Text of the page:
By Ashley Halsey III
Washington Post Staff Writer
Wednesday, February 10, 2010; A01
As the fourth powerful winter storm of the season started arriving in Washington on Tuesday, the beleaguered region surrendered to the forces of nature, shutting down governments and schools -- some until next week -- in response to a forecast for a foot of snow and gale-force winds that threatened to topple trees and take down power lines.
With equipment and road crews strained to the breaking point, salt and patience were running short. By the time it's all over, probably Wednesday afternoon, the immense weight of the three or more feet of snow piled on rooftops is expected to cause more to collapse. More people are likely to find themselves in unheated, dark houses.
"We expect increasingly gusty winds peaking toward midday and early afternoon. Trees and power lines will come down," said meteorologist Dan Stillman of The Washington Post's Capital Weather Gang.
The mood in the winter-weary region turned sullen and resigned as the storm approached, prompting the closure of schools, local governments and federal offices for a third day. If the big snow in December felt like an adventure, the bombardment since then has begun to feel like purgatory.
"People have gotten stir-crazy and desperate, especially in the last 48 hours," said Christopher Galen of Annandale, who said he hadn't seen a snowplow since the last storm started Friday. "You keep waiting and waiting, and help doesn't show."
A desperate effort to cut a path down streets to every neighborhood before the new snow arrived fell short, and people still trapped in their homes saw their isolation prolonged.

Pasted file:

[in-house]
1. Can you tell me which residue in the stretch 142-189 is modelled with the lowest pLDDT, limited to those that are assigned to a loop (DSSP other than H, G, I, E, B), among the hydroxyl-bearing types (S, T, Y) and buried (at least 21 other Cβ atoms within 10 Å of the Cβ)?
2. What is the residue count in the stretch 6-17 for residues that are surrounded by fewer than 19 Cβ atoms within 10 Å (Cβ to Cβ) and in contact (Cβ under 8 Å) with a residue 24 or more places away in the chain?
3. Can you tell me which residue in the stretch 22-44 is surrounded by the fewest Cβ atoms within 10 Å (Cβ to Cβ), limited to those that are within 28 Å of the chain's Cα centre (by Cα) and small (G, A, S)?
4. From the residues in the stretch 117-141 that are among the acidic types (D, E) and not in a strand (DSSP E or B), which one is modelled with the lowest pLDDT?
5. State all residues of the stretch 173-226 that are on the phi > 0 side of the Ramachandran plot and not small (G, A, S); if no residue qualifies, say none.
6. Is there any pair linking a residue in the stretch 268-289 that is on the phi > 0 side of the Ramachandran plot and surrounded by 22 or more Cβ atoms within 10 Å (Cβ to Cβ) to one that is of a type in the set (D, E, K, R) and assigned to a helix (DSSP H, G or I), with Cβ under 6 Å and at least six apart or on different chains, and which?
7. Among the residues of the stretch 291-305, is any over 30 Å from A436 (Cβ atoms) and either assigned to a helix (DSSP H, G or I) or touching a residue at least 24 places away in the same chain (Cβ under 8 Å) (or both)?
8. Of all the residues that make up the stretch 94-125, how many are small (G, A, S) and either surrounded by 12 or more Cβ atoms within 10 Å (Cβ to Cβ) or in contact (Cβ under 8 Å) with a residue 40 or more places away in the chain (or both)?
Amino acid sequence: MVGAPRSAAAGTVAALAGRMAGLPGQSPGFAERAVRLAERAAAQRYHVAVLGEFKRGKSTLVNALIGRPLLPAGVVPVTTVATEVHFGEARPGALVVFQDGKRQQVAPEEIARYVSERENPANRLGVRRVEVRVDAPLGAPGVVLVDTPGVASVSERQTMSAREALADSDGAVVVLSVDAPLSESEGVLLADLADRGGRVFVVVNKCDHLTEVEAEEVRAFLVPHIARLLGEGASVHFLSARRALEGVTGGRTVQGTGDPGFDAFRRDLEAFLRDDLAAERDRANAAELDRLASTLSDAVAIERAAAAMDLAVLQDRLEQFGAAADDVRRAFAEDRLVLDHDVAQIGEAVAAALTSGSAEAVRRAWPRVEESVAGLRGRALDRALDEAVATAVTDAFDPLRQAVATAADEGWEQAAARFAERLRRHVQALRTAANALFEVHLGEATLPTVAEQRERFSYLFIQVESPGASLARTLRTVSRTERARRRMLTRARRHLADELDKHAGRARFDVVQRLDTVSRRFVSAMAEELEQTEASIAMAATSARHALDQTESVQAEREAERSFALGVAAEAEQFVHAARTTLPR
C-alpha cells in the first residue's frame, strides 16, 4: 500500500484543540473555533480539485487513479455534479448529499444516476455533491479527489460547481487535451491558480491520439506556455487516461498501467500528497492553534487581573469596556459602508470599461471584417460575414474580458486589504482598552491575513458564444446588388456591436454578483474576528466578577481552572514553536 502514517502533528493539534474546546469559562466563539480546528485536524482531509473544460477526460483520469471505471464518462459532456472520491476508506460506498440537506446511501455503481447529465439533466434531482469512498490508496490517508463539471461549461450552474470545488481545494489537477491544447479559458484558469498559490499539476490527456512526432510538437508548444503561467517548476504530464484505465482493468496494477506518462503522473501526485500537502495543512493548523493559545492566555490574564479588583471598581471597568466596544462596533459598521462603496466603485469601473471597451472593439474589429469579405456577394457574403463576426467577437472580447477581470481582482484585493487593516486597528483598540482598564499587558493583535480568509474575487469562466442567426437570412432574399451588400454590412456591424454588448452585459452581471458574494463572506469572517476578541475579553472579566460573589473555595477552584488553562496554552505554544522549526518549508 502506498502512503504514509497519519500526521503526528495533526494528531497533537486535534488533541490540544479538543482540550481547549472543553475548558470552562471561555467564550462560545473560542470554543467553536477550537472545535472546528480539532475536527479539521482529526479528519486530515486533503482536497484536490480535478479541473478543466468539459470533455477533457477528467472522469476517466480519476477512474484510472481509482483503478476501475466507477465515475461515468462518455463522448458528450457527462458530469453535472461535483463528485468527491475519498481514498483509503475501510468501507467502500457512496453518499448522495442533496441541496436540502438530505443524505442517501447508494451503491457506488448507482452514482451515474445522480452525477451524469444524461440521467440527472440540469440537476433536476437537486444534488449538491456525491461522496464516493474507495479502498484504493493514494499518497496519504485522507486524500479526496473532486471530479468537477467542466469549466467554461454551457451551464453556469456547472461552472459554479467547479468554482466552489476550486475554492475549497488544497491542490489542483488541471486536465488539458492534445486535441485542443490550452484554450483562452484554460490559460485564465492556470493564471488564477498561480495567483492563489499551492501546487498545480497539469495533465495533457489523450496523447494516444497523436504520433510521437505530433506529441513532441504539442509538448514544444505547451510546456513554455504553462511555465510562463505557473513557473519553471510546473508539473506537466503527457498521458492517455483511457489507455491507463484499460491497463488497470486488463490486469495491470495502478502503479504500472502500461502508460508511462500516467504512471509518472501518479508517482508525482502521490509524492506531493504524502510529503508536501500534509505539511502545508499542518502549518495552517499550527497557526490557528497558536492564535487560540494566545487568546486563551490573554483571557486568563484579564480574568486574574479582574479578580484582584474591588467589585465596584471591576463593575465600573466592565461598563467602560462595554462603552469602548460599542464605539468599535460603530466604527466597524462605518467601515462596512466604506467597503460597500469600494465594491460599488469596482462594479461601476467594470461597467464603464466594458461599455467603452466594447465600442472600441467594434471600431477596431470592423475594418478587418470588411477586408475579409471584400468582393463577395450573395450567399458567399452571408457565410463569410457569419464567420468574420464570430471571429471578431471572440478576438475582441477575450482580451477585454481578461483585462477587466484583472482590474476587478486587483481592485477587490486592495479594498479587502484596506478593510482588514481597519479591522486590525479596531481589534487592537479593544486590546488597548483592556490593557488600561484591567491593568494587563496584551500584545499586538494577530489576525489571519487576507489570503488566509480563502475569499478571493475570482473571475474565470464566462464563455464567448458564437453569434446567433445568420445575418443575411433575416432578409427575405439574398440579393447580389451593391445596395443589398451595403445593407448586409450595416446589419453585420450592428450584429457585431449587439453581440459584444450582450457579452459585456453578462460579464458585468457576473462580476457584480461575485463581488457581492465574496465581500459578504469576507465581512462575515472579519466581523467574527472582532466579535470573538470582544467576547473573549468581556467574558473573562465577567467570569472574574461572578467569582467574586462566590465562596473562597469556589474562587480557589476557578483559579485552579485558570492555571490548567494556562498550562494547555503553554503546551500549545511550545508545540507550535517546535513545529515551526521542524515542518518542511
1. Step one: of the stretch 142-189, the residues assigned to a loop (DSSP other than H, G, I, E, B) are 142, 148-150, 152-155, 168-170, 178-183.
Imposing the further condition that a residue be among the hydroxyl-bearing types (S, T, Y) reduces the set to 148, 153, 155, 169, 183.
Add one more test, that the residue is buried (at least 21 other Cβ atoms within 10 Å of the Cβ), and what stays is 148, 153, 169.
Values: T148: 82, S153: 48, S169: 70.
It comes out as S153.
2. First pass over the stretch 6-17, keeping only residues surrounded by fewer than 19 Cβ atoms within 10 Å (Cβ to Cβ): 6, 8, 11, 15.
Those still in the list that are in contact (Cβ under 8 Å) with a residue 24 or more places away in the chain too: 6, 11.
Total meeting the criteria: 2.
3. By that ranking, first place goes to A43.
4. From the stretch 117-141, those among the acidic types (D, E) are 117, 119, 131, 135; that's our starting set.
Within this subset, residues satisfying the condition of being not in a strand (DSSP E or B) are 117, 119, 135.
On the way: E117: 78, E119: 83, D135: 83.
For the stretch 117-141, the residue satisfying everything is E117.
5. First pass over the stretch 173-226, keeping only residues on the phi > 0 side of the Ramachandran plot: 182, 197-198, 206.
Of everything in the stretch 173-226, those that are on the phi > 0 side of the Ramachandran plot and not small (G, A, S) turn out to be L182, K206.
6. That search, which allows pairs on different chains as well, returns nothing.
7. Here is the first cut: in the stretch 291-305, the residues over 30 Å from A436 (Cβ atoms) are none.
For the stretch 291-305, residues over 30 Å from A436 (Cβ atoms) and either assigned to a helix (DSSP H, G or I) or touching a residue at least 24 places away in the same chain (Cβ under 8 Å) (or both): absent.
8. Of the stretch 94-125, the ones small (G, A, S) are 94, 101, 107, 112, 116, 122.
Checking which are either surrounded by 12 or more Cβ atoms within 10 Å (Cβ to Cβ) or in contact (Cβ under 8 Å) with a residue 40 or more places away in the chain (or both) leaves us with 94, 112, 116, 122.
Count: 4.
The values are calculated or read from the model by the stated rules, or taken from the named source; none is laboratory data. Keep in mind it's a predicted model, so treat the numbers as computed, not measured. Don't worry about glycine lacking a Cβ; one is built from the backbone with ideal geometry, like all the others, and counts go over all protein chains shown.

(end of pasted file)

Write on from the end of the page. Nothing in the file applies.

"We will give those roads first attention when this storm is over," said Joan Morris of the Virginia Department of Transportation, who said crews worked to clear subdivisions "until the very last minute" before returning to try to keep primary roads open Tuesday night.
Maryland Gov. Martin O'Malley (D) pleaded for patience from those angered by the pace of road-clearing: "There is no city or county government that is geared up to move all of this snow."
School systems in Montgomery, Prince George's, Loudoun, Anne Arundel and Howard counties and Manassas won't reopen until next week. Alexandria schools will be closed Wednesday and Thursday, and schools in the District and Fairfax, Prince William, Arlington and Charles counties will be closed Wednesday.
Metro officials, who suspended aboveground trains at 8:45 p.m. Tuesday, said service would probably be limited to underground stations Wednesday. Metrobus and MetroAccess service were canceled entirely for Wednesday.
Most other forms of public transportation are curtailed or suspended. The Montgomery RideOn, Fairfax Connector, D.C. Circulator and MTA commuter buses are canceled. No flights are expected to operate at Reagan National or Washington Dulles International airports; Baltimore-Washington International Marshall Airport is asking passengers to check with their airlines before going to the airport. VRE and MARC will not run Wednesday, and Amtrak is offering limited service in its Northeast corridor.
The federal government is marking its first three-day weather-related shutdown since January 1996. It is costing $100 million a day in lost productivity, according to the Office of Personnel Management.
The worst of the newest storm seemed aimed at Maryland. Accumulations of 10 to 16 inches were forecast for the state, a bit less than the 20 inches previously predicted. Northern Virginia could get six to 12 inches.